A literature review exploring role transitions when caring for a child requiring long-term ventilation
Seven papers were reviewed to understand the pressures facing parents of children who have to use long-term ventilation at home.
In recent years, the UK and other high-income countries have seen an increase in the use of long-term ventilation (LTV) in paediatric intensive care (Neupane et al 2015). Children who need LTV often end up having an extended stay in hospital of 28 days or more.
Government policies advocate that children should be cared for at home (Noyes et al 2006), although medically stable LTV children often stay in hospital months longer than is necessary (NHS England 2015). Previous research has shown that parents of these children develop a dual role – as parent and nurse – leading to role conflict and ambiguity (Hewitt-Taylor 2011). Expertise has transformed relationships between parents and professionals, although few studies have explored this interaction. A literature review was conducted exploring parents’ experiences when caring for LTV children.
The Centre for Reviews and Dissemination (2009) guidelines for undertaking literature reviews in healthcare was used. Clear inclusion and exclusion criteria were set. A facet analysis was undertaken identifying key words to use in the search, and Boolean operators were used to combine search terms. The Cumulative Index to Nursing and Allied Health Literature and Medline were searched in July and September 2015 to identify literature about parents’ experiences of role transitions when caring for a child who requires LTV. A hand search of journals and a review of reference lists was used along with a critical appraisal tool (Critical Appraisal Skills Programme 2013) to evaluate the research.
Seven papers were identified and reviewed. Key themes and findings were summarised under thematic headings: defining an expert; redefining normality; seeking a sense of control, responsibility in decision making.
Parents felt they were expected to take a dual role as parent and carer, but defining the boundaries of each was a struggle. The changes in responsibility led to some parents feeling overwhelmed by the need to make decisions whereas for others it was a positive experience that increased their sense of control and advocacy. Professional expectations of parents often created complications and role negotiations. Although parents reported they wanted to be part of the decision-making process, there is no evidence to suggest that parents wish to take full responsibility for care decisions and they still rely on professionals’ expertise.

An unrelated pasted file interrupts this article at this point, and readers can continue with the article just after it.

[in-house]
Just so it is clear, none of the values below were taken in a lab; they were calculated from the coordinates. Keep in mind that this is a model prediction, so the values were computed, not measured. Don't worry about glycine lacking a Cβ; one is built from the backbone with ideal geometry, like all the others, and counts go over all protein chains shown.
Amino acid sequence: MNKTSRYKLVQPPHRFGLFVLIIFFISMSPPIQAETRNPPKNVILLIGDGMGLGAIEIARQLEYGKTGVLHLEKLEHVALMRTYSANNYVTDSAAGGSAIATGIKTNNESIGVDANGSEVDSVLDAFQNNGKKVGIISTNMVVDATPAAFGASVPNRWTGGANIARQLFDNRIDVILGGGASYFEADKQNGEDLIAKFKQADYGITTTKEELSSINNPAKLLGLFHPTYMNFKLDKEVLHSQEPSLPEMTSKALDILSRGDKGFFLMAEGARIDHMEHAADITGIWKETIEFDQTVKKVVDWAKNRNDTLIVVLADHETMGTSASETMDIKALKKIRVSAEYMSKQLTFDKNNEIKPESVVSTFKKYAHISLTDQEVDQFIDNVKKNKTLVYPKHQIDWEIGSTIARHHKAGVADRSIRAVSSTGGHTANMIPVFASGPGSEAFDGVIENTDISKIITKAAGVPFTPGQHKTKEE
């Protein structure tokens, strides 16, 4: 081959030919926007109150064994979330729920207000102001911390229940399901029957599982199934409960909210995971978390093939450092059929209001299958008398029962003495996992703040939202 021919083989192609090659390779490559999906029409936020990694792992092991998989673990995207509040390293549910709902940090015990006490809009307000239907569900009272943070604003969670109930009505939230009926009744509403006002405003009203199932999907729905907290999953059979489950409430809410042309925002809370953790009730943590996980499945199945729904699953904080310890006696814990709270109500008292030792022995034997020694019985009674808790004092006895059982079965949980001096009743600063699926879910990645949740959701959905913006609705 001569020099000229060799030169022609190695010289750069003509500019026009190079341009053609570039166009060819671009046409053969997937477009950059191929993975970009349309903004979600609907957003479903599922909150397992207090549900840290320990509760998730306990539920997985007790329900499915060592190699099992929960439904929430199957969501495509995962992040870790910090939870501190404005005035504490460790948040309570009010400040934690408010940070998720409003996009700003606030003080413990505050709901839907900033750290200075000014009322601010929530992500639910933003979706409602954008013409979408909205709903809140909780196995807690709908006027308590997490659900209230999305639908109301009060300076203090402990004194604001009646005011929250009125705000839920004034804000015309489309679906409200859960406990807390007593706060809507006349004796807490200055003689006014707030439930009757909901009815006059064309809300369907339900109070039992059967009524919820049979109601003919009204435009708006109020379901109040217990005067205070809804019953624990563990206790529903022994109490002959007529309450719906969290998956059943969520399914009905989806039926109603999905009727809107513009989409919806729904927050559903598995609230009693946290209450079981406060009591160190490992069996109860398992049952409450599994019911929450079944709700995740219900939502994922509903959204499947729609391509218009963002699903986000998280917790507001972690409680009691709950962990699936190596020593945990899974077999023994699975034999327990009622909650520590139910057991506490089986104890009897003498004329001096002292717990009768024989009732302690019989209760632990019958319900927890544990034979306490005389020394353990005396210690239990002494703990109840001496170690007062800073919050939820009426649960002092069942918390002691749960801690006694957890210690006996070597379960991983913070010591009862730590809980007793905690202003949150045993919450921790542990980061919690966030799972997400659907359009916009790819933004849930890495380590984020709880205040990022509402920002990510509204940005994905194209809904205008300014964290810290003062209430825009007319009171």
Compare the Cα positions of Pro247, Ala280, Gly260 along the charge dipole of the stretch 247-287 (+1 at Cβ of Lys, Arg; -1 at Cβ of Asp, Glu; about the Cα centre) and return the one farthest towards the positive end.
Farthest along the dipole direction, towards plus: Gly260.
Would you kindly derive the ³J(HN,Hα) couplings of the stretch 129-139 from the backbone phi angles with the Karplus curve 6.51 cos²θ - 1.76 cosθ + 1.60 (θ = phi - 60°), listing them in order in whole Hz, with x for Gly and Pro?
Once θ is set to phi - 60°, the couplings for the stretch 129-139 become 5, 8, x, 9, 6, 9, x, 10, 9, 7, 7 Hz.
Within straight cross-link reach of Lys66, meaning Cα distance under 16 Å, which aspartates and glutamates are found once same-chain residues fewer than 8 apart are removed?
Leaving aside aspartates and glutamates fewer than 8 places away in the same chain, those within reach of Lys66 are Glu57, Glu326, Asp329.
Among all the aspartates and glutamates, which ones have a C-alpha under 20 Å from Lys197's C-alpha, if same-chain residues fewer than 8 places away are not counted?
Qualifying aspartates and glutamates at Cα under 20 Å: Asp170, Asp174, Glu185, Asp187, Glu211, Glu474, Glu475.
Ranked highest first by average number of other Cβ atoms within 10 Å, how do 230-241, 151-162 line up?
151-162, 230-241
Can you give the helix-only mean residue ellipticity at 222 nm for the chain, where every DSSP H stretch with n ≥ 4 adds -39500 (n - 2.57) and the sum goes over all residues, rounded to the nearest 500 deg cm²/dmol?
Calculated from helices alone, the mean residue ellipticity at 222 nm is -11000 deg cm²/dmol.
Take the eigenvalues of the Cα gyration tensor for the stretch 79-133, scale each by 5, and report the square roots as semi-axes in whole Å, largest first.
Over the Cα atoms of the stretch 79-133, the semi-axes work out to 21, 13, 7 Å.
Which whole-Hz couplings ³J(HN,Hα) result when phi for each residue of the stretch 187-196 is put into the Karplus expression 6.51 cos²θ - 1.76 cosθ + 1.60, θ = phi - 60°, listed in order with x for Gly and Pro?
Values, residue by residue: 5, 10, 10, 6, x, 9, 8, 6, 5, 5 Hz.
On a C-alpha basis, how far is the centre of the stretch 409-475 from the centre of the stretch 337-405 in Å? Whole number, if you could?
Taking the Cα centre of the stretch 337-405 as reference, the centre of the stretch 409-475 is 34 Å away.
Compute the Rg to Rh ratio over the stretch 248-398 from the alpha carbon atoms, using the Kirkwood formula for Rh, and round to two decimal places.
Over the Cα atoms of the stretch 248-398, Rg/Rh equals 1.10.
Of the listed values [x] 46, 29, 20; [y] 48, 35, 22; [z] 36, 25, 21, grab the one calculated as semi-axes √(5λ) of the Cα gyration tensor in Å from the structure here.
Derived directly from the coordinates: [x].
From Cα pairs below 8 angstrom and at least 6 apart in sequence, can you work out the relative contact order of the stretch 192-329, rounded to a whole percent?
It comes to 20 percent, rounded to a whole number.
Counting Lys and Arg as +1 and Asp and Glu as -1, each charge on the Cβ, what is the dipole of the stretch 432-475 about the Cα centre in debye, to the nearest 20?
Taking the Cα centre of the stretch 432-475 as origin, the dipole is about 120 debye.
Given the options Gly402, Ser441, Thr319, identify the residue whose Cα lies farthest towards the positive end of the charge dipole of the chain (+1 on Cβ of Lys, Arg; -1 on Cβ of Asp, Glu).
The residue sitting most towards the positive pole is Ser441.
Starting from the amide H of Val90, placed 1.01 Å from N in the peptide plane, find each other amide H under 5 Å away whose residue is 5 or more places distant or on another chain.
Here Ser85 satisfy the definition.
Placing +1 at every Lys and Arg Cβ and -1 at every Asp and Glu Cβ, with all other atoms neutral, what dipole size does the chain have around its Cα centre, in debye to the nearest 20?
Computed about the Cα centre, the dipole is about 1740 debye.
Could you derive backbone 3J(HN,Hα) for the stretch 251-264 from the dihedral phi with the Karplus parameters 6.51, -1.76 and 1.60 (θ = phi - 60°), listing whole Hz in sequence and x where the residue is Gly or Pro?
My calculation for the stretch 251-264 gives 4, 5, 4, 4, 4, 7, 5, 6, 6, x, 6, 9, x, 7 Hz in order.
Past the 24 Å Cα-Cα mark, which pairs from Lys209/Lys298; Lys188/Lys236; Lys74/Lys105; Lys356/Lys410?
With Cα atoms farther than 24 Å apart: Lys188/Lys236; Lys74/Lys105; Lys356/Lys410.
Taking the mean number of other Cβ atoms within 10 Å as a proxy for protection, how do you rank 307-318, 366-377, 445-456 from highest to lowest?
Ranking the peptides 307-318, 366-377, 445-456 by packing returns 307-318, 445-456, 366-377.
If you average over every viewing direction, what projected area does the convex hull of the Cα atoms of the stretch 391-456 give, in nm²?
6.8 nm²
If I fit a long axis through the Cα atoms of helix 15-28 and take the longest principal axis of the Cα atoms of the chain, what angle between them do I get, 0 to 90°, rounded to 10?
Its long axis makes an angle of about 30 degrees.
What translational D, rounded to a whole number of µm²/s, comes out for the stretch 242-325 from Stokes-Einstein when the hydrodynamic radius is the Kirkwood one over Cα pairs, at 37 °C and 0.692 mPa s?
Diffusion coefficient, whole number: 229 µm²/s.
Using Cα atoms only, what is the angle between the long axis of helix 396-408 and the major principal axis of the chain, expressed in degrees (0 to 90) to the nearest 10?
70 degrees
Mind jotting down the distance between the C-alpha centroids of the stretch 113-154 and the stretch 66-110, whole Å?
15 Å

As a researcher with limited experience I undertook the review which may be considered a limitation, and there were also a small number of papers reviewed. Piloting the search strategy and the hand search allows confidence that relevant research was included. The methodological quality of included studies was variable. Issues with reliability and validity were noted.
The included studies were conducted in different countries: Canada, Norway, the UK and the US. Although these countries have variations in healthcare organisation, structure and access to services, the emergent themes were applicable to all the countries, suggesting that the results could be generalised to a wider population.
Implications for practice
Children who need LTV are medically complex. The provision of children’s LTV services has implications for future healthcare planning. Lack of narrative research has resulted in difficulties establishing the effectiveness of health and social care policies. Policies including the national service framework that covers children with complex health needs (Department of Health 2004) should be re-examined and re-evaluated with consideration from policy makers and healthcare professionals.
The evidence suggests that when parents experience a degree of role transition it carries with it positive and negative experiences and challenges. Professionals also need support to help parents identify services that they may require.
- Centre for Reviews and Dissemination (2009) Systematic Reviews. CRD’s Guidance for Undertaking Reviews in Health Care.
- Critical Appraisal Skills Programme (2013) CASP Checklists.
- Department of Health (2004) National Service Framework for Children, Young People and Maternity Services. Disabled Children and Young People and those with Complex Health Needs.
- Hewitt-Taylor J (2011) Working with Children Who Need Long-term Respiratory Support. M&K Publishing, Cumbria.
- Neupane B, McFetters M, Johnson E et al (2015) Transitioning children requiring long-term ventilation from hospital to home: a practical guide. Paediatrics and Child Health. 25, 4, 187-191.
- NHS England (2015) Paediatric Long Term Ventilation.
- Noyes J, Godfrey C, Beecham J (2006) Resource use and service costs for ventilator-dependent children and young people in the UK. Health and Social Care in the Community. 14, 6, 508-522.
Emily Goss is clinical nurse specialist, children’s long-term ventilation team, hospital to home, Royal Brompton and Harefield NHS Foundation Trust